Wildflowers (Tom Petty album)

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Tom Petty Wildflowers.jpg
Studio album by
ReleasedNovember 1, 1994 (1994-11-01)
StudioLos Angeles, California at Sound City and Ocean Way Recording
LabelWarner Bros.
Tom Petty chronology
Greatest Hits
Songs and Music from "She's the One"
Singles from Wildflowers
  1. "You Don't Know How It Feels"
    Released: October 1994
  2. "You Wreck Me"
    Released: 1995
  3. "It's Good to be King"
    Released: 1995
  4. "A Higher Place"
    Released: 1995
Professional ratings
Review scores
AllMusic4.5/5 stars[1]
Robert ChristgauB–[2]
Encyclopedia of Popular Music4/5 stars[3]
Entertainment WeeklyB–[4]
The Essential Rock Discography7/10[5]
Music Story4.5/5 stars[7]
Rolling Stone4/5 stars[8][10]

Wildflowers is the second solo studio album by American musician Tom Petty, released on November 1, 1994. The album was the first released by Petty after signing a contract with Warner Bros. Records (where he had recorded as part of the Traveling Wilburys) and the first of three albums produced by Rick Rubin. The album was certified 3x platinum in the United States by the Recording Industry Association of America.


Four singles were released from the album between 1994 and 1995, the most successful of which, "You Don't Know How It Feels", reached #13 on the Billboard Hot 100 and topped the Album Rock Tracks chart for one week. It was followed by "You Wreck Me", "It's Good to Be King" and "A Higher Place" which reached 2, 6, and 12 respectively on the Mainstream Rock chart.[11]


The album features all members of Tom Petty and the Heartbreakers, with the exception of drummer Stan Lynch. Steve Ferrone plays drums on Wildflowers and would join the band officially the following year. However, the album was not credited to the Heartbreakers because, in Petty's words, "Rick (Rubin) and I both wanted more freedom than to be strapped into five guys."[12] Freedom notwithstanding, Petty chose to use most of his regular band as session players, demonstrating his comfort with that format. Rolling Stone placed Wildflowers at number 12 on their list of the best albums of the 1990s.[13] Guitar World placed the album at number 49 in their "Superunknown: 50 Iconic Albums That Defined 1994" list.[14]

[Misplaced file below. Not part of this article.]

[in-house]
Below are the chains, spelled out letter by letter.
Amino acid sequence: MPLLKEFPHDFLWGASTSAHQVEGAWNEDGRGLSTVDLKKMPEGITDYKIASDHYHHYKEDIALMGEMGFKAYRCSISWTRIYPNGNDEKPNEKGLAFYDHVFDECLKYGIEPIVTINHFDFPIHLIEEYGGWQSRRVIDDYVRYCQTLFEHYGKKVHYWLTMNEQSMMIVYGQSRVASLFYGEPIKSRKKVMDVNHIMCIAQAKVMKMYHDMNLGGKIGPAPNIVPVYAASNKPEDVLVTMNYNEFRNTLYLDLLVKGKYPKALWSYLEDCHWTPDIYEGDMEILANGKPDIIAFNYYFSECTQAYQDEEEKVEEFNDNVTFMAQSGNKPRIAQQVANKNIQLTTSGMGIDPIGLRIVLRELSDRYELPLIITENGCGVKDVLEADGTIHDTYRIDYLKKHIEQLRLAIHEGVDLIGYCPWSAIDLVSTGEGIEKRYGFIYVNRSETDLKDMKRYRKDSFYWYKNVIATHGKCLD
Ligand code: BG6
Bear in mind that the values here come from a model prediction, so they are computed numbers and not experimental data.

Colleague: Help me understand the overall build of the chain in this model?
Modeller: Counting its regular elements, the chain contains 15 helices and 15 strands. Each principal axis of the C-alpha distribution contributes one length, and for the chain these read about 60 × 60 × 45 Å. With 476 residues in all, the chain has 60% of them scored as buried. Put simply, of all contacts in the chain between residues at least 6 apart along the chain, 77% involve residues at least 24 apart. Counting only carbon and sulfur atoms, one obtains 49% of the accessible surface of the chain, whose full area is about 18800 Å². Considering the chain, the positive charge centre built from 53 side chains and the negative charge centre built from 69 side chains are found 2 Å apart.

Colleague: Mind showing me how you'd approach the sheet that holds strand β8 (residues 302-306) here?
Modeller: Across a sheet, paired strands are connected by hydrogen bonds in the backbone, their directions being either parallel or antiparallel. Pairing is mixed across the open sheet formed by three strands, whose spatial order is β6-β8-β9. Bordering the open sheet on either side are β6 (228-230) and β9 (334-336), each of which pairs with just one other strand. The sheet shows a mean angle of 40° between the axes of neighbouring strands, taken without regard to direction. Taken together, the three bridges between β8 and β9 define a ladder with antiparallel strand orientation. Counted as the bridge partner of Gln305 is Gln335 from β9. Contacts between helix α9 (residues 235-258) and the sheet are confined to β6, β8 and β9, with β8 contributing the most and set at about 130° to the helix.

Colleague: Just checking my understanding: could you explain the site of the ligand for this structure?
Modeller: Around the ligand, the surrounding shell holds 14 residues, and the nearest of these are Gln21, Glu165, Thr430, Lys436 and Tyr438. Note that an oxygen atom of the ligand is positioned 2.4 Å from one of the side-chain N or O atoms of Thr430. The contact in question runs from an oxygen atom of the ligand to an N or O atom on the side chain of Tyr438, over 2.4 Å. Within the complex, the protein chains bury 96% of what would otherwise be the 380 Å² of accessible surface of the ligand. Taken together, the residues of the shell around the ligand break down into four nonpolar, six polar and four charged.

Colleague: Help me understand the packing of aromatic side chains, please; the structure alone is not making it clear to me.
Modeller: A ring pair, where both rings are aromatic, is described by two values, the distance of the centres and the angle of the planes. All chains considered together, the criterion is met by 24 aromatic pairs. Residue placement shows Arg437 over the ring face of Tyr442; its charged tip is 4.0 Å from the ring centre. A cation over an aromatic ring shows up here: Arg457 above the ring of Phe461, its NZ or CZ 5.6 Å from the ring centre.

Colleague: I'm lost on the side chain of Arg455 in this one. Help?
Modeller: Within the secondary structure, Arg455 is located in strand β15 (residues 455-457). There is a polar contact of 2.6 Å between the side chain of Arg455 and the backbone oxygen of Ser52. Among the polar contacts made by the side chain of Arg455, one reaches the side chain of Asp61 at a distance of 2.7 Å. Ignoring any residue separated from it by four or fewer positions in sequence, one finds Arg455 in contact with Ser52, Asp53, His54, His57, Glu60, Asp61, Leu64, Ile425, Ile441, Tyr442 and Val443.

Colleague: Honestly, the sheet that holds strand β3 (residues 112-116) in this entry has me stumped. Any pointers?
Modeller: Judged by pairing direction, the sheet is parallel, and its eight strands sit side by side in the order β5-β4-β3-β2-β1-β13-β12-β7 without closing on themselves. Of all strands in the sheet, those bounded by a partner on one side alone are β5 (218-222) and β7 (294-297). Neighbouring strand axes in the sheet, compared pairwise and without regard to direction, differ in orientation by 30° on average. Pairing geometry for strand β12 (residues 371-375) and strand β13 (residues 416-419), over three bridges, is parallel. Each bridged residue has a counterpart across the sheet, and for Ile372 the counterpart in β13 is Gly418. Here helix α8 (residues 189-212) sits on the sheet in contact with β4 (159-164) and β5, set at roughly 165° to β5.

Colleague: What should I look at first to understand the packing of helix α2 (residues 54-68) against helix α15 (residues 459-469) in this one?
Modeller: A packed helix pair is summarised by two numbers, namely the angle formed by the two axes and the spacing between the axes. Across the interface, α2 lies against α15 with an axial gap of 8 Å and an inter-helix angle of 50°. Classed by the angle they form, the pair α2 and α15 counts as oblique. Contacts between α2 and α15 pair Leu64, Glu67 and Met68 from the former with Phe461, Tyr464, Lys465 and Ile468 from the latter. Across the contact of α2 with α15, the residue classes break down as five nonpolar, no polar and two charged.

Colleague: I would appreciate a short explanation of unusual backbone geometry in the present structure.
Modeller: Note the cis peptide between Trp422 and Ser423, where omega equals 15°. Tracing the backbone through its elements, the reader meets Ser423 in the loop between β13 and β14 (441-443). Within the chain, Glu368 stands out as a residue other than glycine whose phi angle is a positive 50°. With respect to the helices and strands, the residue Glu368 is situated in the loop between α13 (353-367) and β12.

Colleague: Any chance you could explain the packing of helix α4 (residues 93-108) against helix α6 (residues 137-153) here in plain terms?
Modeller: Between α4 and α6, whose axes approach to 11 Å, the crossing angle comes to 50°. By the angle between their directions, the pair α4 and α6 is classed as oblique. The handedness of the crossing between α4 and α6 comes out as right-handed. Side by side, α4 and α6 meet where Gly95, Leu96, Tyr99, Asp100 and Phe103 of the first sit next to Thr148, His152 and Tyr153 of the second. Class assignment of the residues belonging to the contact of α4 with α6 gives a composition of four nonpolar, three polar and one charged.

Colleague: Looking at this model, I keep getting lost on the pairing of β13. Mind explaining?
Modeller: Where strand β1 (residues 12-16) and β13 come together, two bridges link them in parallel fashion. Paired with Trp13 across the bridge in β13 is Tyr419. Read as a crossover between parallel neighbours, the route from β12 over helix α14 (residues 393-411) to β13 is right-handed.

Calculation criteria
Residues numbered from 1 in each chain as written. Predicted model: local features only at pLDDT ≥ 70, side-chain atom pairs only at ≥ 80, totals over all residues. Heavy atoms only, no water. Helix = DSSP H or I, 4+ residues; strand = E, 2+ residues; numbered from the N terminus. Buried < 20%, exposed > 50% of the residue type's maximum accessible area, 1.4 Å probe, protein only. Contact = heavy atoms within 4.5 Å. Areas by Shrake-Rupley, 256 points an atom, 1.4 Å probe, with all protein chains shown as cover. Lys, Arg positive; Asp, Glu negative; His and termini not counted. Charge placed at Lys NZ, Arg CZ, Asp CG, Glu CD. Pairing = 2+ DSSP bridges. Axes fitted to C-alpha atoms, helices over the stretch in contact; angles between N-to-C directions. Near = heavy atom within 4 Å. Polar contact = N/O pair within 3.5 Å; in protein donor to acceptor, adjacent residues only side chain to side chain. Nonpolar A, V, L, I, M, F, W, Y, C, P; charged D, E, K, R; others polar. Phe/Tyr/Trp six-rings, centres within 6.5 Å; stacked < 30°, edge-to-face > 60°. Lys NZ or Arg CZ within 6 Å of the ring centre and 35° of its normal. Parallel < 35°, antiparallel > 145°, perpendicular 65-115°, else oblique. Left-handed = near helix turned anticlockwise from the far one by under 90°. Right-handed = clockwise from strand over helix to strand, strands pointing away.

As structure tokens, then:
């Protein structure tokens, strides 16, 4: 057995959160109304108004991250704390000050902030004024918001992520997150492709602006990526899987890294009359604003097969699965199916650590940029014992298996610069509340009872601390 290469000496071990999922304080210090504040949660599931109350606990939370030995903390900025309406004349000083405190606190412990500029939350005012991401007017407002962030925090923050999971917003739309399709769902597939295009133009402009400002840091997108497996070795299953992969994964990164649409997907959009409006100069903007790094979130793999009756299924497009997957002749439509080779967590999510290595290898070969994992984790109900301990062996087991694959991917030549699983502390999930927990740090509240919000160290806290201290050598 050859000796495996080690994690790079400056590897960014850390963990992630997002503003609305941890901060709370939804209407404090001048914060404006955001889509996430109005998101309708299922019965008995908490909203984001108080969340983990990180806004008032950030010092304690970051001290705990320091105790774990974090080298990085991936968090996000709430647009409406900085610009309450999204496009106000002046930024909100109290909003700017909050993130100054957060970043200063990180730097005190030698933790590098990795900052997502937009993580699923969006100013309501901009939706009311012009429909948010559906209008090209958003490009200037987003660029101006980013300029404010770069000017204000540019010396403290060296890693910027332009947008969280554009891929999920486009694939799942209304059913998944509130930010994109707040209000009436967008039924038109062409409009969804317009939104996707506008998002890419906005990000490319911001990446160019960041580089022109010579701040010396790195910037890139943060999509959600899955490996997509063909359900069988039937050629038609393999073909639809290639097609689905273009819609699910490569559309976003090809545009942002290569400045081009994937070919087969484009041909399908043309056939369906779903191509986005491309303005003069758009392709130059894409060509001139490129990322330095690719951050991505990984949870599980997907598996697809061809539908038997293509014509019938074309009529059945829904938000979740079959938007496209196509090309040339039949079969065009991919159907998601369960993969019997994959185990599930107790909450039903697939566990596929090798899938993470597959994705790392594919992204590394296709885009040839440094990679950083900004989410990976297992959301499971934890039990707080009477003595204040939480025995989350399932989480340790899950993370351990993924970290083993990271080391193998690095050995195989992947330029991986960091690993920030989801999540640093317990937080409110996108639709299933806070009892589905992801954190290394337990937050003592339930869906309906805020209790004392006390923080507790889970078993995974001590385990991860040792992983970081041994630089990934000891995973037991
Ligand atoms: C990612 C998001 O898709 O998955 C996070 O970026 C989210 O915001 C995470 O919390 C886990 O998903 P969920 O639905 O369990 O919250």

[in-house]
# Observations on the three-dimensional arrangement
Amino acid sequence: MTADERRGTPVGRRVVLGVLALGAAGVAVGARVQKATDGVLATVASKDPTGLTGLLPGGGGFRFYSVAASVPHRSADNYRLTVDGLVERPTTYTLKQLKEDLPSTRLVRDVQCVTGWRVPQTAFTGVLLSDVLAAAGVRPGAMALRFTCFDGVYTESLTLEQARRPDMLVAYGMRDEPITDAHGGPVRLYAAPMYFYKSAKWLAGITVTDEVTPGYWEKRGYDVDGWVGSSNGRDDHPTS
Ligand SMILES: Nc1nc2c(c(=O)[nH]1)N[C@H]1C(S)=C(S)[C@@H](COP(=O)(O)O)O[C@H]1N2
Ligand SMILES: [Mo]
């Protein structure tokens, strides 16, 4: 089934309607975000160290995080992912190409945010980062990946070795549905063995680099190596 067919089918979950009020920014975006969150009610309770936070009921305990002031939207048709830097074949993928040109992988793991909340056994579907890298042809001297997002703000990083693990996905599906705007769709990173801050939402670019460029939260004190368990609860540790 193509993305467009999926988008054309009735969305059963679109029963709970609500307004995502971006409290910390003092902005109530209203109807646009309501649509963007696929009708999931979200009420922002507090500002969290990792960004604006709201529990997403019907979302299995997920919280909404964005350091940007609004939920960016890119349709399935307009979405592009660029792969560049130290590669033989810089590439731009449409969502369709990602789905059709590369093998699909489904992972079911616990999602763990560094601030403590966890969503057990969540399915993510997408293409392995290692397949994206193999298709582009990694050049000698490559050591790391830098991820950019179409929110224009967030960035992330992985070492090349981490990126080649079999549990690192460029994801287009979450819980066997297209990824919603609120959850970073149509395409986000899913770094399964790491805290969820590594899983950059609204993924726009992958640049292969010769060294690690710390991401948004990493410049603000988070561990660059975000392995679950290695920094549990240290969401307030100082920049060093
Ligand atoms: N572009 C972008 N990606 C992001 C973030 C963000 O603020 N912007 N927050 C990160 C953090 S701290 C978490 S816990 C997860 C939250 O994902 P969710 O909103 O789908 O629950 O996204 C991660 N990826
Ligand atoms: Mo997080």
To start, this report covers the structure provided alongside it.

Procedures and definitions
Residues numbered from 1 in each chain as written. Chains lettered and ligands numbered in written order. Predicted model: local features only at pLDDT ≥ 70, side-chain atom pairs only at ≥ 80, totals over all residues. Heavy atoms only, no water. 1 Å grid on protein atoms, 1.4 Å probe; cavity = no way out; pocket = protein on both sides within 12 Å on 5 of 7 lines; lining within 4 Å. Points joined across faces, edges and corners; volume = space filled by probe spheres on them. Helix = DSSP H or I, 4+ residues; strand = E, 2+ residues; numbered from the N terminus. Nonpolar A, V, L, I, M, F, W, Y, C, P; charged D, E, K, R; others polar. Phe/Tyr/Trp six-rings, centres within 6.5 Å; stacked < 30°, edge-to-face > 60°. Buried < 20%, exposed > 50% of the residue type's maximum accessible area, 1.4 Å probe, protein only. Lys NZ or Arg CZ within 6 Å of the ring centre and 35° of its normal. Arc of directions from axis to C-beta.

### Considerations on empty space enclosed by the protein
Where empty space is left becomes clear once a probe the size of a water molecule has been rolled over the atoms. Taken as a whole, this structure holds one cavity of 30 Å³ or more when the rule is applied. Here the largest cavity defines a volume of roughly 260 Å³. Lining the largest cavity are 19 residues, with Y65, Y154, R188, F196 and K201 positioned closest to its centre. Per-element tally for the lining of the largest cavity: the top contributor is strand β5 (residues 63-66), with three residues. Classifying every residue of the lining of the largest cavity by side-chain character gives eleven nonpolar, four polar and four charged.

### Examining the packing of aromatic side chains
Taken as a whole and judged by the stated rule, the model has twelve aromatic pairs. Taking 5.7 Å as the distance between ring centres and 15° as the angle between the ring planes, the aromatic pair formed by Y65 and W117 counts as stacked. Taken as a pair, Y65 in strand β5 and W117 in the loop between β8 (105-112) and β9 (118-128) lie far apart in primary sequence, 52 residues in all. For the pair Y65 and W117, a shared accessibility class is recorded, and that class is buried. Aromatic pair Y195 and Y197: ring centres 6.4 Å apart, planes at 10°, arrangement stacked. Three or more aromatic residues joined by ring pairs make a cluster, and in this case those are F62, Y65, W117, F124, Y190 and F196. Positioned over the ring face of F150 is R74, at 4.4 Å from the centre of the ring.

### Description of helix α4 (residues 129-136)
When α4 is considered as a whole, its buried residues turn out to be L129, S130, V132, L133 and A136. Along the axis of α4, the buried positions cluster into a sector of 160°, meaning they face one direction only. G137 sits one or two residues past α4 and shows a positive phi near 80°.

In April 2015, when Petty's back catalog was released in High-resolution audio, this was one of only two albums not included in the series (Songs and Music from "She's the One" was the other one), but a hi-res version was available on Pono Music.

Track listing[edit]

All songs written by Tom Petty, except where noted.

  1. "Wildflowers" – 3:11
  2. "You Don't Know How It Feels" – 4:49
  3. "Time to Move On" – 3:15
  4. "You Wreck Me" (Petty, Mike Campbell) – 3:22
  5. "It's Good to Be King" – 5:10
  6. "Only a Broken Heart" – 4:30
  7. "Honey Bee" – 4:58
  8. "Don't Fade on Me" (Petty, Campbell) – 3:32
  9. "Hard on Me" – 3:48
  10. "Cabin Down Below" – 2:51
  11. "To Find a Friend" – 3:23
  12. "A Higher Place" – 3:56
  13. "House in the Woods" – 5:32
  14. "Crawling Back to You" – 5:05
  15. "Wake Up Time" – 5:19


  • "Girl on LSD" was released as the B-side of the "You Don't Know How It Feels" single (1994).
  • "Leave Virginia Alone" was another song written and recorded during the sessions and left off the finished album. It was given to Rod Stewart for his album A Spanner in the Works (1995).
  • Several outtakes were included on the She's the One soundtrack album (1996).
  • In 2015, Petty released the track "Somewhere Under Heaven" as promotion for a 20th anniversary two-disc Wildflowers re-release, which has yet to materialize.
  • In 2018, outtake "Lonesome Dave," recorded July 23, 1993, was released on Petty's posthumous box set, "An American Treasure."



  1. ^ AllMusic review
  2. ^ "Robert Christgau: CG: Tom Petty". www.robertchristgau.com.
  3. ^ Larkin, Colin (ed.) (2011). The Encyclopedia of Popular Music (5th edn). London: Omnibus Press. p. 2005. ISBN 978-0-85712-595-8.CS1 maint: Extra text: authors list (link)
  4. ^ "Music Reviews: 'Wildflowers' and 'You Got Lucky'". November 4, 1994.
  5. ^ Strong, Martin C. (2006). The Essential Rock Discography. Edinburgh, UK: Canongate. p. 816. ISBN 978-1-84195-827-9.
  6. ^ Graff, Gary; Durchholz, Daniel (eds) (1999). MusicHound Rock: The Essential Album Guide. Farmington Hills, MI: Visible Ink Press. p. 870. ISBN 1-57859-061-2.CS1 maint: Extra text: authors list (link)
  7. ^ "Tom Petty Wildflowers". Acclaimed Music. Retrieved December 26, 2014.
  8. ^ a b "Tom Petty - Wildflowers CD Album". www.cduniverse.com.
  9. ^ Sodomsky, Sam (10 October 2017). "Tom Petty: Wildflowers". Pitchfork. Retrieved 22 January 2018.
  10. ^ "Wildflowers".
  11. ^ Tom Petty discography
  12. ^ Petty, Tom: Conversations with Tom Petty, page 142. Omnibus Press, 2005.
  13. ^ "100 Best Albums of the Nineties: Tom Petty, 'Wildflowers' | Rolling Stone | Lists". Rolling Stone. Retrieved 2011-08-13.
  14. ^ "Superunknown: 50 Iconic Albums That Defined 1994". GuitarWorld.com. July 14, 2014. Retrieved July 14, 2014.